How do you justify the paradox that is the Range Rover? With its close ties to its Land Rover cousin, it has go-anywhere mud-plugging prowess in its genes, yet with each successive generation it becomes ever more sybaritic, with swathes of softest leather receiving your body as you sink into its plush seats, and deep-pile carpet caressing your Gucci loafers or Louboutin heels.
That conundrum is all the more acute in urban Singapore. We all know every model in the Range Rover lineup is sure-footed as a mountain goat over the most fearsome terrain – we’ve seen the extreme Youtube videos, and have even tried some of their cars on off-road courses overseas.
With its MENSA-level Terrain Response system it may be capable of clambering to the top of Mount Kilimanjaro for all we know, but beyond bragging rights, this does nothing for us here. Wading depth, breakover angle, wheel articulation – these matter far less to us here than cold aircon and a great stereo.
It is the other facet of the car which is of far more relevance to us – its luxury-limo aspirations.
And on this count the new, fifth-generation Range Rover certainly looks the part. As ever it stands tall and imposing, its bluff, aristocratic nose leading into traditional Range Rover proportions and styling elements. That straight, pronounced shoulderline is unmistakeable, as are the clamshell bonnet, upright windscreen, “floating” roof and rear end which tapers slightly in both plan view and side elevation.
The tail lamps are dramatically but neatly concealed in a continuous gloss black rectangle of trim encircling the tailgate, and coupled with the rest of the vast, almost unadorned bodywork and flush, retractable door handles, give the car an imposing, almost monolithic mien. Despite its house-like size and shape, drag coefficient is a remarkably low 0.30.
Other luxury marques try, with varied degrees of success, to foist presence and gravitas onto their flagship models by all manner of extreme body surfacing, aggressive bumpers, angry headlamp graphics, in-your-face grilles and other try-hard styling devices, but the Range Rover impresses just by being itself. It was born blue-blooded, and it shows.
And simplicity rules on the inside too. The low-line fascia is linear and clear, and draws on current tech to clean things up yet further. Consigning minor functions to the 13.1-inch configurable central touchscreen (now with haptic feedback) avoids the clutter of countless buttons, yet for the frequently-used climate controls there are still physical dials.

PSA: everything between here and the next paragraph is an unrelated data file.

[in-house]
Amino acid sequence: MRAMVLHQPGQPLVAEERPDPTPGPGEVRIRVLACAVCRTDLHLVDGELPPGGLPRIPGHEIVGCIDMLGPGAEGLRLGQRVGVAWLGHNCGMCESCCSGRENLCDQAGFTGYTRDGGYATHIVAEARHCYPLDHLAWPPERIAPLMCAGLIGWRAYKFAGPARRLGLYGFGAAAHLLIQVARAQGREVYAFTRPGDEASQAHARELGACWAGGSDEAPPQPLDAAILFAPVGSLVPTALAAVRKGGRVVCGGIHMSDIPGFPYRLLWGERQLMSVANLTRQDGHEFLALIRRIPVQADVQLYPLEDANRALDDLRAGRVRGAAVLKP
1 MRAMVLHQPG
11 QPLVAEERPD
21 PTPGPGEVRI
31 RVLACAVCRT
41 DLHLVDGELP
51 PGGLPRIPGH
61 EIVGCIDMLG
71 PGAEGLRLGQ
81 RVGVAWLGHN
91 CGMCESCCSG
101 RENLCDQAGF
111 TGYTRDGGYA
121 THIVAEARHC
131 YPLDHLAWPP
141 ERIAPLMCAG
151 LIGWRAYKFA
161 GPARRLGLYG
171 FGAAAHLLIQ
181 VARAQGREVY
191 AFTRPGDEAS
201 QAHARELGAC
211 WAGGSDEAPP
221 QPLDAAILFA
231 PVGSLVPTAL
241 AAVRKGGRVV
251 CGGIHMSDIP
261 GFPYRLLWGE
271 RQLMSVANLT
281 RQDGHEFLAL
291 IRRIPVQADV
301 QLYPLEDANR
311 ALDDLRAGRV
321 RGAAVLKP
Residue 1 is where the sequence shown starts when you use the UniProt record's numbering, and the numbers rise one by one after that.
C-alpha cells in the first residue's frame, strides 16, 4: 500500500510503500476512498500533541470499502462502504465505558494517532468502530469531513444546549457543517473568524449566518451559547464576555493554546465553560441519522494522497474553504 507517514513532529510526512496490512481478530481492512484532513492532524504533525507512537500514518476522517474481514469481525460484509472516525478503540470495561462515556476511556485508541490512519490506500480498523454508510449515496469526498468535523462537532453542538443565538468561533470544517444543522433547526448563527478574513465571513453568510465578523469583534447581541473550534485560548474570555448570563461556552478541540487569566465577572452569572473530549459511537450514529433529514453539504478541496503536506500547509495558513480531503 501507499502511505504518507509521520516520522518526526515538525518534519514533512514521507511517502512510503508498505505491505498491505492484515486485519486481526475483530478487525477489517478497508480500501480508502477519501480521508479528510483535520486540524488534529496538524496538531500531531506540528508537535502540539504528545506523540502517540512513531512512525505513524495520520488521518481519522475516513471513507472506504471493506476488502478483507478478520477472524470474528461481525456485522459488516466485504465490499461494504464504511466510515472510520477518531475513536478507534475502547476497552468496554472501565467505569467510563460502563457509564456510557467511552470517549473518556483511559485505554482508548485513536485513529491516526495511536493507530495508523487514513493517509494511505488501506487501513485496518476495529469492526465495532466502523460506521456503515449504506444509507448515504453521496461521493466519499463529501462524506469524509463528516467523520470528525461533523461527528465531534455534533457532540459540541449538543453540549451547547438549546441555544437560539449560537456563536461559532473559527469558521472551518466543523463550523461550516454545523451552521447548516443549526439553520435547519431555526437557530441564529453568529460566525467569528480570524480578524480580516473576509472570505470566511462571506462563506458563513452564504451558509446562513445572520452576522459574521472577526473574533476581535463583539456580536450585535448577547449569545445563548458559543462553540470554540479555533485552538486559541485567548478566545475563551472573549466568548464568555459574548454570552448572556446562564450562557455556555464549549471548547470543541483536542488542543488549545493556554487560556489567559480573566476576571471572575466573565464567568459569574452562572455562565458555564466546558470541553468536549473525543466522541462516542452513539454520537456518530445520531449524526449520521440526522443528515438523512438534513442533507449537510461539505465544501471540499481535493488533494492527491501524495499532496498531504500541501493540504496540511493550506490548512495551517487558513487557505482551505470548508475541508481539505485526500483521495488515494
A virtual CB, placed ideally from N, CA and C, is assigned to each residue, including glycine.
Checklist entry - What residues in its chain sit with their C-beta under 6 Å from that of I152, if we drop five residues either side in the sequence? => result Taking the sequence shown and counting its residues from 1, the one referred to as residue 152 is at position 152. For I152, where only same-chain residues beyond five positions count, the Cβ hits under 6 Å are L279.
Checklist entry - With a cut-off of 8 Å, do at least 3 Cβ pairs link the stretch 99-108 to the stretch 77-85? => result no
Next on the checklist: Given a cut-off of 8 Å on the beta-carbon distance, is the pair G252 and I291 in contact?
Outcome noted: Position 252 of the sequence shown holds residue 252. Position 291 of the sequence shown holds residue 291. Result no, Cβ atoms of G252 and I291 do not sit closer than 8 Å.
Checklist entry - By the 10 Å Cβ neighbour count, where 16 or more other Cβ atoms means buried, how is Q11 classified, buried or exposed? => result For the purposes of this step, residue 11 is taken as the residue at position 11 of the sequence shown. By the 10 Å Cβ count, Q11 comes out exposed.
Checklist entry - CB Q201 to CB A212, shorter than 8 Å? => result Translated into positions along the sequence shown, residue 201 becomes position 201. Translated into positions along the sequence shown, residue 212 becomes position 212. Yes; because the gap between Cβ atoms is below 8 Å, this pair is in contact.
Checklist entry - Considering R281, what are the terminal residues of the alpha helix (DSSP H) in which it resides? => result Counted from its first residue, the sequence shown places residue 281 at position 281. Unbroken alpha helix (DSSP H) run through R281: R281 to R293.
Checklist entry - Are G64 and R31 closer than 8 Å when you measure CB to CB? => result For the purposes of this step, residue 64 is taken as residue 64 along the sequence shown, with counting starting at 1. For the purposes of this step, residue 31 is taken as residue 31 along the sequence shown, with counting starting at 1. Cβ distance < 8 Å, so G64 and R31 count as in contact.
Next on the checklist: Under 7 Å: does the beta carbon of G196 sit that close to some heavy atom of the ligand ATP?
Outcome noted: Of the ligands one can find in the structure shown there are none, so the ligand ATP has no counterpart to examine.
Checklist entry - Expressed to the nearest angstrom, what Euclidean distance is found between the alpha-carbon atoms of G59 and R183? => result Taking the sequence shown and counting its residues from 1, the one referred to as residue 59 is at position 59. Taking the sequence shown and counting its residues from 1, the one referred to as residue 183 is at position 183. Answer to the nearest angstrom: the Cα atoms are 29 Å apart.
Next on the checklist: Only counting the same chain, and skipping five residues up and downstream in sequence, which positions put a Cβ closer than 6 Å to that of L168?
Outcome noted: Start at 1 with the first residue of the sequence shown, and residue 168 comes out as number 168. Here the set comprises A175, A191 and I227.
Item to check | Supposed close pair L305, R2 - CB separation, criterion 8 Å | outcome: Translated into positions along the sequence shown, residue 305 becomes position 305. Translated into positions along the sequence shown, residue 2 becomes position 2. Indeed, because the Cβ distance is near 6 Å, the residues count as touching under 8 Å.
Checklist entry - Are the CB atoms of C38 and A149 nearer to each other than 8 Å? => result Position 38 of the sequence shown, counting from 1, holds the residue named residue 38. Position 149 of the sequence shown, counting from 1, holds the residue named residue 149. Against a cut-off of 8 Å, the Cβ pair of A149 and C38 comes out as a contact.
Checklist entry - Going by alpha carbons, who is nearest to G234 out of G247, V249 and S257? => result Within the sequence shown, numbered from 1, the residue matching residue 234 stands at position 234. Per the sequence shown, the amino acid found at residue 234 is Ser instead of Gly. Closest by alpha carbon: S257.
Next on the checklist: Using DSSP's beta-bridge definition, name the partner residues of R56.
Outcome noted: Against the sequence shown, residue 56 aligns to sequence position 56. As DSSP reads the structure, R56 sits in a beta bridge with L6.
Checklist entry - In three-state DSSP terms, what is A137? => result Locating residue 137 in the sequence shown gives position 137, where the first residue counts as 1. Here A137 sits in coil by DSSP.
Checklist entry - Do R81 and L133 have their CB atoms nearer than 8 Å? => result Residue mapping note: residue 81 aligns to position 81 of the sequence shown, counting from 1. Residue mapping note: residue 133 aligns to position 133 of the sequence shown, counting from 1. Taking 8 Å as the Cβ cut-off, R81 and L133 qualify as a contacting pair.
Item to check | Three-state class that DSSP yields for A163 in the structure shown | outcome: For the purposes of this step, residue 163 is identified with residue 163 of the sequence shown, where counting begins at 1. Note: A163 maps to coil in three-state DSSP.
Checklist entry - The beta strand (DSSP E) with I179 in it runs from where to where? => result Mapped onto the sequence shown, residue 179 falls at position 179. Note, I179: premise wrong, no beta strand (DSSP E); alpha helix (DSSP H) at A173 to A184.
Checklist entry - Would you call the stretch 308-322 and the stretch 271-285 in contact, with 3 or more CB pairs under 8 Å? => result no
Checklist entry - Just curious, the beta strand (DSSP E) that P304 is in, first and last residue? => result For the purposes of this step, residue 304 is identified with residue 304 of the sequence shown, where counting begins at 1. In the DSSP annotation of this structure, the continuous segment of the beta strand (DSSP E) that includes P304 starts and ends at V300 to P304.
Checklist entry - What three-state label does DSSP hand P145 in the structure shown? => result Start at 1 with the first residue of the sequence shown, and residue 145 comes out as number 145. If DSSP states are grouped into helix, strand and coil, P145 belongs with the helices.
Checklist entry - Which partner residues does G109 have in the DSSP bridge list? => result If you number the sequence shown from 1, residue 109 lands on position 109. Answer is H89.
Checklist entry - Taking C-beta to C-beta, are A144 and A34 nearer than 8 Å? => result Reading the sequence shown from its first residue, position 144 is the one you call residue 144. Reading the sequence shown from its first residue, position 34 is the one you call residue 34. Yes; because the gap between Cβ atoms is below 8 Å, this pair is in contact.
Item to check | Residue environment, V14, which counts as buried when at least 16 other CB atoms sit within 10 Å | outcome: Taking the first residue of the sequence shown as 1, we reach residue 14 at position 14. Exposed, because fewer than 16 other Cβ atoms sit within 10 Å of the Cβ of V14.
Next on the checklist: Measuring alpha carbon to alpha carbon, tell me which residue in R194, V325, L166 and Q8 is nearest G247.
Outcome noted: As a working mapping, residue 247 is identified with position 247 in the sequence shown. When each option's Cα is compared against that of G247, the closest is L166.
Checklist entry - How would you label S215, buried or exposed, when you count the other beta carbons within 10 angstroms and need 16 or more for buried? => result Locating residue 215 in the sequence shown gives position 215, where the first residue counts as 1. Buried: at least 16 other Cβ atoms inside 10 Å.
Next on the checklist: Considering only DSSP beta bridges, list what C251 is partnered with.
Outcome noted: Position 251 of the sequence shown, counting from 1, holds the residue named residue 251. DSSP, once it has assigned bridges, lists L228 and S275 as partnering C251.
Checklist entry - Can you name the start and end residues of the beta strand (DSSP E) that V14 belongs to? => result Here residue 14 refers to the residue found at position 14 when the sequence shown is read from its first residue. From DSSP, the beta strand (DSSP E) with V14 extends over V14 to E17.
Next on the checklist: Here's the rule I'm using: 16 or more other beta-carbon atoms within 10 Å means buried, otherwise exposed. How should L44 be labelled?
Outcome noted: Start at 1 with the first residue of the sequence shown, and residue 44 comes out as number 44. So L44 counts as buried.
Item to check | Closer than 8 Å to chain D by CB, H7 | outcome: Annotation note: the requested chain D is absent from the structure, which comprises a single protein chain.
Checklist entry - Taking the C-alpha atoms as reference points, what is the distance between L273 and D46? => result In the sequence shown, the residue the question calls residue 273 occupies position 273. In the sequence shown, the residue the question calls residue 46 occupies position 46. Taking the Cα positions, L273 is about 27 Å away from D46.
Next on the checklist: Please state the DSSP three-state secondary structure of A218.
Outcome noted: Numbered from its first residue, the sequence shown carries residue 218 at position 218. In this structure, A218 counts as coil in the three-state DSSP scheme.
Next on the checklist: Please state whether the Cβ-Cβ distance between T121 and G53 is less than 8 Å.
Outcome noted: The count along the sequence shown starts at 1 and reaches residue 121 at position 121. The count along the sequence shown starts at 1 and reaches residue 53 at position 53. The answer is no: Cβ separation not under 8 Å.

The cabin’s minimalist vibe belies the vast amount of equipment lurking beneath the surface. The instrument panel is another massive (13.7-inch) configurable screen which is a model of clarity, but for drivers who can’t be bothered to cast their eyes downwards, there is Heads-Up Display as standard too. You can issue instructions via voice command, the car using Amazon Alexa technology for the full seamless AI experience.
Naturally, the car is both Apple CarPlay and Android Auto compatible, and there are no fewer than 8 USB-C sockets throughout the cabin. Sound duties are ably handled by a 1600W Meridian system with 35(!) speakers, and which features active noise cancellation to counter wheel, tyre and engine noise.
The interior rear-view camera transforms into a rear camera display screen at the touch of a button (in case heads or luggage are obstructing the mirror’s line of sight), and a 3D surround camera function stitches the images from the four external surround cameras to create a 360-degree plan, 3D perspective or kerb and junction views, to aid low-speed or close-quarters manuouevring.